From the De La Hoya standpoint, this is a very wise path to follow. I'm sure that Oscar and his advisers know better than to mess with the "Executioner" right now. Hopkins is still as hungry as ever and close to being at the top of his game. And more importantly, De La Hoya has no shot of beating Hopkins, just as no other junior middleweights have any chance of upsetting the middleweight champ. Hopkins is simply too strong, too tough and too complete for any fighter 160 pounds or below. How does fighter A beat fighter B, when fighter B can do everything better than fighter A? This is the exact situation De La Hoya would face in a proposed fight with Hopkins, if it were to happen within the next year. How would De La Hoya win? He can't out box Hopkins, nor can he out punch him, and I have no doubt Hopkins is more determined and tougher then De La Hoya. This doesn't just pertain to Oscar, the same holds true for all the top junior middleweights. They are all in the same boat in that they have nothing in their arsenal that Hopkins doesn't have an answer for, nothing! Since Trinidad never had Bernard in any trouble, I can't envision a scenario where De La Hoya, Mosley, Wright or Forrest could hurt him enough to break him down, which means they'd have to out box him (good luck). Again, how do you out box a fighter who is longer, stronger, equally as fast and more experienced then you? If they pressure him like Trinidad did (which is Tito's style), they are just setting themselves up to be hit harder by Hopkins' counter-right, left-hook combinations, which slowed Trinidad before stopping him. How about if they move and try to box, making Hopkins come forward after them? For this to be effective, they have to out jab him, which is not likely since his reach is just as long or longer than theirs and his jab is just as fast. Another problem in this strategy is you must take the lead against one of the best counter punchers fighting today, which would suit Hopkins fine. I just don't see any way that any of the top junior middleweights in the world have a chance vs. the middleweight champion. Not when they can't out-speed, out box, out-punch or out-tough him. And lastly we mustn't forget, like Hagler, Hopkins is a champion who fights as if he's the challenger.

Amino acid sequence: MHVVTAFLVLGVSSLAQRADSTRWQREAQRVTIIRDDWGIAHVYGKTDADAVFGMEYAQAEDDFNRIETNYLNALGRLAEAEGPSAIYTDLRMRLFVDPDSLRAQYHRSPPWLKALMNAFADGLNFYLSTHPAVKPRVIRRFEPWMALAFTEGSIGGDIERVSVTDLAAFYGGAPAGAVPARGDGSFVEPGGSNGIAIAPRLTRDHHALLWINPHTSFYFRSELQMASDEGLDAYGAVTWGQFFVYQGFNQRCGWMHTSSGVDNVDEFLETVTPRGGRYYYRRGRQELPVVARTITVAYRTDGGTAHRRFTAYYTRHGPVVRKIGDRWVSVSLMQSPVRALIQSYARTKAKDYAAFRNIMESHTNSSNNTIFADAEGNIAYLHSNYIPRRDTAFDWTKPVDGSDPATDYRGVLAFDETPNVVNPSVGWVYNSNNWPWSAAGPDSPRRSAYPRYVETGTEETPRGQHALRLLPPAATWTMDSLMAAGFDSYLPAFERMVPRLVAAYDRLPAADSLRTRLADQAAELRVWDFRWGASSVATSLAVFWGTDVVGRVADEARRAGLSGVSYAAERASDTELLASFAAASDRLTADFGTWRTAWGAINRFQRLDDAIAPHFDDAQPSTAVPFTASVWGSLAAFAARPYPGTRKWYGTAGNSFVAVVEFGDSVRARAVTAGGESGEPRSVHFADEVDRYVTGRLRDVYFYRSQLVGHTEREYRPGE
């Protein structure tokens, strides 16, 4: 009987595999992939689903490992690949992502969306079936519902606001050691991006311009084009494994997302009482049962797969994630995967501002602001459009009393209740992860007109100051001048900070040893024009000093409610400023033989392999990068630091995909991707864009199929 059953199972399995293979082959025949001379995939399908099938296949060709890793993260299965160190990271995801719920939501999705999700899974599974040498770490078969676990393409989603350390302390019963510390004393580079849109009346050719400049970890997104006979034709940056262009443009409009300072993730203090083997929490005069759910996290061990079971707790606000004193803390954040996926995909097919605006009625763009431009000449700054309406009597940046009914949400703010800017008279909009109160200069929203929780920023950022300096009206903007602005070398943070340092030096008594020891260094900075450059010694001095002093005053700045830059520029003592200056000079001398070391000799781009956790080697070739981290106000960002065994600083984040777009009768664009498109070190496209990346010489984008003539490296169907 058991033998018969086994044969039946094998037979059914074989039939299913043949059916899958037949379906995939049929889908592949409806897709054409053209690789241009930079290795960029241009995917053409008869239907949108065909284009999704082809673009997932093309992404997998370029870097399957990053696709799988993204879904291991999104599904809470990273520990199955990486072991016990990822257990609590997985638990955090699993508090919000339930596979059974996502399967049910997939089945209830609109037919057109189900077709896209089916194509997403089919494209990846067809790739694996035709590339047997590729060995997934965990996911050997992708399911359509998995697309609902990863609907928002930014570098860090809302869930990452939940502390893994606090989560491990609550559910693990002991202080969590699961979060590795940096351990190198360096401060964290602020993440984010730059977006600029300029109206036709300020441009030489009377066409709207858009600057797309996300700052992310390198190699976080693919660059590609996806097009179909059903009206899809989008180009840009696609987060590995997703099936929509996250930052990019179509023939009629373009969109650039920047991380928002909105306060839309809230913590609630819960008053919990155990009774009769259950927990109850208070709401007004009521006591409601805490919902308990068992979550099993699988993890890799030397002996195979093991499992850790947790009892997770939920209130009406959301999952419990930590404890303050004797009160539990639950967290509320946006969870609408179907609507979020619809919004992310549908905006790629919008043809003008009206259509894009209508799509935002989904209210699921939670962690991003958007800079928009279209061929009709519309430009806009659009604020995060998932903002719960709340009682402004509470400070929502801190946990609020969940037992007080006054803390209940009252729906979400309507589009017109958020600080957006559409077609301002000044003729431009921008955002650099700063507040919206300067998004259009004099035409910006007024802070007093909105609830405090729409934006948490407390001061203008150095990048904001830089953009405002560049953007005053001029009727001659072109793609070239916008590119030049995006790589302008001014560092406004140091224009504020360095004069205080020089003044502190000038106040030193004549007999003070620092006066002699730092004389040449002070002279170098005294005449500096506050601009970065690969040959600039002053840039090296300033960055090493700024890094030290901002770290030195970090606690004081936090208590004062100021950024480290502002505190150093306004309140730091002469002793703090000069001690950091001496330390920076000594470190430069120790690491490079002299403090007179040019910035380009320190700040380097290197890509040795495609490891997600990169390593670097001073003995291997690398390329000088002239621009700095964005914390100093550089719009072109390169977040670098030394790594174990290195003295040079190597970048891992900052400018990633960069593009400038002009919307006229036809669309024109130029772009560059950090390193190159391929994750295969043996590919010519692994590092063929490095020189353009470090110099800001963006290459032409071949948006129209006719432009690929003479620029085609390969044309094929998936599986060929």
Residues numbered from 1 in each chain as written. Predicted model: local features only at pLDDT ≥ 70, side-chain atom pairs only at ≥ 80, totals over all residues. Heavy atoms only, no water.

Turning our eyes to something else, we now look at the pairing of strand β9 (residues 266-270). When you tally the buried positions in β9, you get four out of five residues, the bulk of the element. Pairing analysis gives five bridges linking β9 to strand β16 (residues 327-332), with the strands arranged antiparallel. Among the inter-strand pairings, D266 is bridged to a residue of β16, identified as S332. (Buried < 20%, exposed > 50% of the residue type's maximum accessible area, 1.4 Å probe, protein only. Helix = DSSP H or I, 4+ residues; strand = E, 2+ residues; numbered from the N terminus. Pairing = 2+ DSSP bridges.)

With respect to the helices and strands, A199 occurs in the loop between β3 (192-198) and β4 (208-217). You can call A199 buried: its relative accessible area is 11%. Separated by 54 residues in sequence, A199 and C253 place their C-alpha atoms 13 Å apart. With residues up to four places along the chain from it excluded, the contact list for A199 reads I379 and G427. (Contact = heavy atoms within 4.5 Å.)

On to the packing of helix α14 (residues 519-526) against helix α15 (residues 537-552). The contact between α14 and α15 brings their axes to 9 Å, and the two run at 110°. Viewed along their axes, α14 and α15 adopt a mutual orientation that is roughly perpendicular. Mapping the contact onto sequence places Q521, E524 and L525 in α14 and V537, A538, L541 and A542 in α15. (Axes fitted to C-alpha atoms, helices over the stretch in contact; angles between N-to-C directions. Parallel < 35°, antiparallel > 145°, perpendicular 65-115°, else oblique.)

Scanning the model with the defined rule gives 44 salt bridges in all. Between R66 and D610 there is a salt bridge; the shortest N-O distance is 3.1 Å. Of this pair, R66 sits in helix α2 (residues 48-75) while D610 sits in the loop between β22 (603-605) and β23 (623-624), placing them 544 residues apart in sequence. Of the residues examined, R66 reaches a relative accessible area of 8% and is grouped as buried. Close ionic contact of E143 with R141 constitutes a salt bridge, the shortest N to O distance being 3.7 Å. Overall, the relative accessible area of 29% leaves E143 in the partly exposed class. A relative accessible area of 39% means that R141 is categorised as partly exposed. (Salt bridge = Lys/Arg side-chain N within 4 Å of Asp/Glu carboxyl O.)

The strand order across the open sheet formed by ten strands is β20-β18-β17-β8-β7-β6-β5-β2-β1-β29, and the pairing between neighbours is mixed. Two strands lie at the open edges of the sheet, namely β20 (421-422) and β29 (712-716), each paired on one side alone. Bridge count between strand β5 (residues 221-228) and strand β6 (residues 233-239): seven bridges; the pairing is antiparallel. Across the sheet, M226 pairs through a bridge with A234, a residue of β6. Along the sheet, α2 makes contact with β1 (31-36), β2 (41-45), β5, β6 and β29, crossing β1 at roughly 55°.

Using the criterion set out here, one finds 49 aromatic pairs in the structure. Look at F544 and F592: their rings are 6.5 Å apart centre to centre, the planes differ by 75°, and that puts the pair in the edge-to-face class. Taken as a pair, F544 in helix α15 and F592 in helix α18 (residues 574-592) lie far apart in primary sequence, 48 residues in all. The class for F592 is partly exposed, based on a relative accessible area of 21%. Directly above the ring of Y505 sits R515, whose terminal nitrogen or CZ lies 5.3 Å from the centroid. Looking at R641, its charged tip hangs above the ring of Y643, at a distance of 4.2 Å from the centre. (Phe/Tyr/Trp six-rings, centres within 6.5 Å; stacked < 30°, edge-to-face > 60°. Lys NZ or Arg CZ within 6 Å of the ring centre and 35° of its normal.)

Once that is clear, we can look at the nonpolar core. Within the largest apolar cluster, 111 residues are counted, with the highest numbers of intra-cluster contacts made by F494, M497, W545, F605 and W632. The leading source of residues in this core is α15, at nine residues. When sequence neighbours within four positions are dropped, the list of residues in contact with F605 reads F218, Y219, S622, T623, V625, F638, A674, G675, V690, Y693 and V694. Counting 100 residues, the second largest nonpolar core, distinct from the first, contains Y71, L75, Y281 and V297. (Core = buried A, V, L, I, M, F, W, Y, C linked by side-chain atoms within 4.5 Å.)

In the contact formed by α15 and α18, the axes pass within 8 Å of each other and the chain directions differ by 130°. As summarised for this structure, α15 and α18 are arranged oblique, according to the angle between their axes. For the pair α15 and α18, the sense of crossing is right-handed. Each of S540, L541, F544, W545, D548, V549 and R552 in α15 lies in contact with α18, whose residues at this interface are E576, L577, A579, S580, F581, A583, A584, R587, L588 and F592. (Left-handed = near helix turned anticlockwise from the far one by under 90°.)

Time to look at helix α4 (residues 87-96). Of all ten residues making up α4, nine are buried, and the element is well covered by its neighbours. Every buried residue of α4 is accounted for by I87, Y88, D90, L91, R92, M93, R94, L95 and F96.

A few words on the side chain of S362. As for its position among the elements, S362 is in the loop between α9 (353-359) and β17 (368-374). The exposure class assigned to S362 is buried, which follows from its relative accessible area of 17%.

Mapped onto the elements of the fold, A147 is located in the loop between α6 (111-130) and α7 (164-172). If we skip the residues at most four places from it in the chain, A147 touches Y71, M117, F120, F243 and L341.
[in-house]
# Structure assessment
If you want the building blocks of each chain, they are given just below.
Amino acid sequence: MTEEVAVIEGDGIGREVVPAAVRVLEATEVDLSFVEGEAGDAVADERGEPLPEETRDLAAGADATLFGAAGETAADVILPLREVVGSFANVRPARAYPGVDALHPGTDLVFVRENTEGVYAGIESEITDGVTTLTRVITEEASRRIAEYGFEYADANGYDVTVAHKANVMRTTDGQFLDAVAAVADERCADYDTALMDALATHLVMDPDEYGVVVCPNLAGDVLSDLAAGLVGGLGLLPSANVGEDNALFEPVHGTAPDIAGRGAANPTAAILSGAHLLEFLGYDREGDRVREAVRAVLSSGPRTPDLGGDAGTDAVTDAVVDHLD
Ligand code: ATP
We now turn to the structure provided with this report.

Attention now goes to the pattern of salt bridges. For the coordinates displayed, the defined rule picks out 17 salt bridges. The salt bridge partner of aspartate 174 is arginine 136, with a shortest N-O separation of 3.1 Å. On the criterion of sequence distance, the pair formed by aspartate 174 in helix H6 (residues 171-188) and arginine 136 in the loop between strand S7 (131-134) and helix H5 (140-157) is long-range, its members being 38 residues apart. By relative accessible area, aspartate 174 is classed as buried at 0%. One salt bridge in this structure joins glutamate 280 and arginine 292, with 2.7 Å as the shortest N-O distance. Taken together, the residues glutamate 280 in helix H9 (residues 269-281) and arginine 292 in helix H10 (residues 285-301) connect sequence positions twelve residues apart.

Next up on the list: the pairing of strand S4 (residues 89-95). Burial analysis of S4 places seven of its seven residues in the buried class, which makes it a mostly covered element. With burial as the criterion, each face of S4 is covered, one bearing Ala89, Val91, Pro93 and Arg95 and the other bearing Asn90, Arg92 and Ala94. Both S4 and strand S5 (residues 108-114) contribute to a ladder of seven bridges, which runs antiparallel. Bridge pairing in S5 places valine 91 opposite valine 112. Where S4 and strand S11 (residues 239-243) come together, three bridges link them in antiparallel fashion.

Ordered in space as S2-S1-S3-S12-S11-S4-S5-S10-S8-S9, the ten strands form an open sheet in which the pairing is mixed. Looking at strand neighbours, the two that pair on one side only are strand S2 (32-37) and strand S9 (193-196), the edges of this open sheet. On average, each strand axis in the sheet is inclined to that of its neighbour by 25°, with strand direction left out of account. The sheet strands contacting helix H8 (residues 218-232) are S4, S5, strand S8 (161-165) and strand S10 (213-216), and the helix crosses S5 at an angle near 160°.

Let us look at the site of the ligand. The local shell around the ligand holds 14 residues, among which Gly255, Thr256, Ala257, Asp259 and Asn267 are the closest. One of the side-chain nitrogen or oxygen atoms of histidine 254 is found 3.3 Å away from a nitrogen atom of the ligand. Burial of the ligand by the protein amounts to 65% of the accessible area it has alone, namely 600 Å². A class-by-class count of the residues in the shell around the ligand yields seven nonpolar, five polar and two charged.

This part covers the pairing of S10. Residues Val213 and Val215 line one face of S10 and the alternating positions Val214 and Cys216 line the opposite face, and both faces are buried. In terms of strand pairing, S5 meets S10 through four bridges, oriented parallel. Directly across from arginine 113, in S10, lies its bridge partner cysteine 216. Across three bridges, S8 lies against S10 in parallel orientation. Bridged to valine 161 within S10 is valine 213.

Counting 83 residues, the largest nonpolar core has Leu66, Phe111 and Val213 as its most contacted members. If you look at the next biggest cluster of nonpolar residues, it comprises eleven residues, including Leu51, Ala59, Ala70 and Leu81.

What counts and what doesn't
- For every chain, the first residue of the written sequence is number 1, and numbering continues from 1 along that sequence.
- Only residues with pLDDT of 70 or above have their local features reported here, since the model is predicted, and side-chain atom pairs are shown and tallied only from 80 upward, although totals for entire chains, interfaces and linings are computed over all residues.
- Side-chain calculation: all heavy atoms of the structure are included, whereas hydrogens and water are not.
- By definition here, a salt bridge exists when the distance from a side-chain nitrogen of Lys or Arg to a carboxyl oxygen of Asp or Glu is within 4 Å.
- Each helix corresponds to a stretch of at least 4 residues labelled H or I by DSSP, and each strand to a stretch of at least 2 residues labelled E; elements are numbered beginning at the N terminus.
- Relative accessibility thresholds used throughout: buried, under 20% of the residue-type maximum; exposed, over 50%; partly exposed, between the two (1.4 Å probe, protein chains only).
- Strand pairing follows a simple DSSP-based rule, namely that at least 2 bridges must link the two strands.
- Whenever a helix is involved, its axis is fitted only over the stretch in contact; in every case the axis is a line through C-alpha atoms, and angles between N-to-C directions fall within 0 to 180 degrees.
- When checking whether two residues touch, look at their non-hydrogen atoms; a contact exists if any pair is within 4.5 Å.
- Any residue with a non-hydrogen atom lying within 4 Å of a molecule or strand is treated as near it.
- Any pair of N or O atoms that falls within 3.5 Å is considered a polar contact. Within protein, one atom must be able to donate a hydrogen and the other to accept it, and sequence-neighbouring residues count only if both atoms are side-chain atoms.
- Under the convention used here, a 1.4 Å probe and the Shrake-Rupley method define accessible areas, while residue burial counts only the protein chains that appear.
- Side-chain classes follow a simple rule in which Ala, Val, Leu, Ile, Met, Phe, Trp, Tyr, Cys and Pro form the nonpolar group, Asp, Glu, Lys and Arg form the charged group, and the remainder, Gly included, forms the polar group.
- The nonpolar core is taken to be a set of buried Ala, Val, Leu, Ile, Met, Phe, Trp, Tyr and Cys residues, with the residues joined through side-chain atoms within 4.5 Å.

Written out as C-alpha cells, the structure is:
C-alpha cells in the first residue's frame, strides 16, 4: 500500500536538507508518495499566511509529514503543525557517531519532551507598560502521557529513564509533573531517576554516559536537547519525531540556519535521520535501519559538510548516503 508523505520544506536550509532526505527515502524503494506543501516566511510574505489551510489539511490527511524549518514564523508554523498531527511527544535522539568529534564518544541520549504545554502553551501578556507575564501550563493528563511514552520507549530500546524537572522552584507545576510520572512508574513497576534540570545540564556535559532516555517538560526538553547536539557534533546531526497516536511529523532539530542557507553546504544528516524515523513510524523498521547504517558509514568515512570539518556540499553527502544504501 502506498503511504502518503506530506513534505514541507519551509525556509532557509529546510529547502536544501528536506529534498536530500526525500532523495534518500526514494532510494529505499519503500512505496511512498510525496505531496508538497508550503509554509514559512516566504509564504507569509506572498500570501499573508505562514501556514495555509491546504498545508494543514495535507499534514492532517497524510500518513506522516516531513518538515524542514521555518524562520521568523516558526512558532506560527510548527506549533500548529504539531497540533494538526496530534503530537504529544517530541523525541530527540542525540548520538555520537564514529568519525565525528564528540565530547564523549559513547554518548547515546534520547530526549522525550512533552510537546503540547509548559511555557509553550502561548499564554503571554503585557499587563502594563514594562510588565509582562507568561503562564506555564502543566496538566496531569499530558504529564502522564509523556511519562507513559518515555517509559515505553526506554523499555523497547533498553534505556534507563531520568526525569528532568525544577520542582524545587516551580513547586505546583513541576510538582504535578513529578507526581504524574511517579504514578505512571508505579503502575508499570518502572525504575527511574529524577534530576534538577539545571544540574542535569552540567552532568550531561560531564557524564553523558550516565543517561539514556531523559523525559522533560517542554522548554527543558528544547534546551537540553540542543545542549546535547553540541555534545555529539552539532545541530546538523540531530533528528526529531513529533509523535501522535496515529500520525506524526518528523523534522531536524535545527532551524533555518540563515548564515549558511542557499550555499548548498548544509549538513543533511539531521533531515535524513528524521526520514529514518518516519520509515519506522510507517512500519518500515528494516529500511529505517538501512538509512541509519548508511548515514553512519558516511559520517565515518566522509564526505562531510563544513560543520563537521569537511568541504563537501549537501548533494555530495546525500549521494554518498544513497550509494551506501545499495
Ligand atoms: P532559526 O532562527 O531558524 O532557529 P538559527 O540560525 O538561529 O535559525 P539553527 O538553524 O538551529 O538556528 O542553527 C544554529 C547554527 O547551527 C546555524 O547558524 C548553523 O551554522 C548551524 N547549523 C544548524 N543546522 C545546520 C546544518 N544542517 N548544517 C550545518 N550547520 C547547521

Foreman is right on the money on this one, and Merchant is dead wrong. The way this writer sees it, the junior middleweights have three choices. They can watch their caloric intake, they can stall the fight as long as possible in hopes that father time catches up with Hopkins, or they can fight him now and get schooled before being taken apart! Does anyone really believe we'll see any of the top junior middleweights in the ring with the middleweight champ anytime soon? I doubt it!